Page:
In her now famous book The Polynesian Family System in Ka‘u, Hawai‘i, noted Hawaiian scholar Mary Kawena Pukui illustrated the original Hawaiian concept of forest types that scalloped the mountain slope from the coast, where most people had their habitations, to the high mountain summit above tree line. As we do, early Polynesian settlers utilized mountain areas as a source for their water, both for human use and agriculture. They harvested mountain plants and animals for food; utilitarian items such as cordage and barkcloth for ornamental, medicinal and ceremonial uses; and spiritual items such as bird feathers for featherwork which is among the finest ever produced.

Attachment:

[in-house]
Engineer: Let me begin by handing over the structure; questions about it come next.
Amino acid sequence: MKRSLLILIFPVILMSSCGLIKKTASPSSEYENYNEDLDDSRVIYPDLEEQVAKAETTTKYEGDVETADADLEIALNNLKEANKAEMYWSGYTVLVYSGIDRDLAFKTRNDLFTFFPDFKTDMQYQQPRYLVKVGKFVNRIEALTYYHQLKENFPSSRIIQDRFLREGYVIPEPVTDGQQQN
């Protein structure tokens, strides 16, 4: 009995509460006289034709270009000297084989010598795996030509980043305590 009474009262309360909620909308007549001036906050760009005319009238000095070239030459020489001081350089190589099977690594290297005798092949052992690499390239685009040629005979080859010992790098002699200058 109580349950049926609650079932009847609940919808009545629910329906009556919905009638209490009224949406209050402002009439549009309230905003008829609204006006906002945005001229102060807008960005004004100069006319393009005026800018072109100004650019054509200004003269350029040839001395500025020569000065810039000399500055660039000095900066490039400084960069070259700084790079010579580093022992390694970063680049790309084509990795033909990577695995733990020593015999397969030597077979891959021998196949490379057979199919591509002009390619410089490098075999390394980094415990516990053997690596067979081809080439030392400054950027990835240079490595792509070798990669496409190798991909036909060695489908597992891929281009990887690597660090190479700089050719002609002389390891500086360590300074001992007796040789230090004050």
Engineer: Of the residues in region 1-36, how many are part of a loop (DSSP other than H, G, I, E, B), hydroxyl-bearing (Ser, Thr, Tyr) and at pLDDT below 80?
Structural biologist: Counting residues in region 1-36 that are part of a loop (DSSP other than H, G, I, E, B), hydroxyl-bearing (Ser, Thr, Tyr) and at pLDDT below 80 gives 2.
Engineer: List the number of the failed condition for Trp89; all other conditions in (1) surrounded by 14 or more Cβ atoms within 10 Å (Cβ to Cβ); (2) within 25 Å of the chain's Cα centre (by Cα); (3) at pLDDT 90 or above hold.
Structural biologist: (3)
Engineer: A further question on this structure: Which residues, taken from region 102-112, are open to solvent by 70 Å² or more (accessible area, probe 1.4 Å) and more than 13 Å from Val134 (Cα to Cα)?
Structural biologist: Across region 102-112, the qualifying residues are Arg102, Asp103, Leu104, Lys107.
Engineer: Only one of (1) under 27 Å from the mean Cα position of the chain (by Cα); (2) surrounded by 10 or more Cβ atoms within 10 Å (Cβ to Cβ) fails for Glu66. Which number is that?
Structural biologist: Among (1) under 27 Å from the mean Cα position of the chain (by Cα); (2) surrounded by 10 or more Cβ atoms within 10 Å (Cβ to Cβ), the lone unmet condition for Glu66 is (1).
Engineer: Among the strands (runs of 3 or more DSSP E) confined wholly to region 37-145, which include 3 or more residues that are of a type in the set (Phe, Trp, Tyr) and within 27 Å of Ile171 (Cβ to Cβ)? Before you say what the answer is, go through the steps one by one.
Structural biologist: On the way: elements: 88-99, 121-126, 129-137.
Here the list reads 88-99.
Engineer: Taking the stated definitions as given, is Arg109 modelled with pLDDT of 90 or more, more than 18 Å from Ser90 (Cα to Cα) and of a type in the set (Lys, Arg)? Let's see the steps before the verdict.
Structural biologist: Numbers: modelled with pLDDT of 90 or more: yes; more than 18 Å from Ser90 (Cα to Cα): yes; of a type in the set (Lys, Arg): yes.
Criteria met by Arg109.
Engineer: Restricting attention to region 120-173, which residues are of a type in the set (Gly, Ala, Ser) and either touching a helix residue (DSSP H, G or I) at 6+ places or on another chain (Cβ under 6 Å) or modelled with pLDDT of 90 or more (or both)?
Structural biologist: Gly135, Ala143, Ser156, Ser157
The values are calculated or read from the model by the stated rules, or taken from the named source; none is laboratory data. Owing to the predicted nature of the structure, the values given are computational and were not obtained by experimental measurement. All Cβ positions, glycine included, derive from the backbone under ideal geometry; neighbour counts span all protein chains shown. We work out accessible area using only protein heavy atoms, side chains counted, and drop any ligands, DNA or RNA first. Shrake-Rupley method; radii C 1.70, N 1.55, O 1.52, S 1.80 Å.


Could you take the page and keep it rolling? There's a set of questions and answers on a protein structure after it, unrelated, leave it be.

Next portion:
Mountains were also the source of valuable hardwoods, such as koa. Koa trees are a Hawaiian endemic species without near relatives in the central and eastern Pacific. Amazingly, the nearest relatives of koa occur in Australia and the Mascarene Islands (A. heterophylla) in the Indian Ocean. To settling Hawaiians, the high islands of the Hawaiian archipelago must have appeared as the ultimate gift from their ‘akua (Gods). Of all the gifts that awaited them, fresh water, large flightless birds for immediate food, brightly colored red, yellow, and green birds, and thick, verdant forests with massive koa trees up to 35 m (115 feet) tall were among the most significant. From these koa, Hawaiians continued the ocean navigating tradition of their ancestors, hewing massive wa‘a (canoe) from koa logs dragged off high mountain slopes. Once largely abandoned, the sport of outrigger canoe racing has resurged and occupies an important and characteristic part of Hawaiian culture now practiced throughout the world. Though modern canoes are predominantly made of fiberglass, fittingly, the State Championship rules of the Hawaiian Canoe Racing Association (HCRA) dictate that all participating canoes must be constructed of koa.Biology Silviculture Water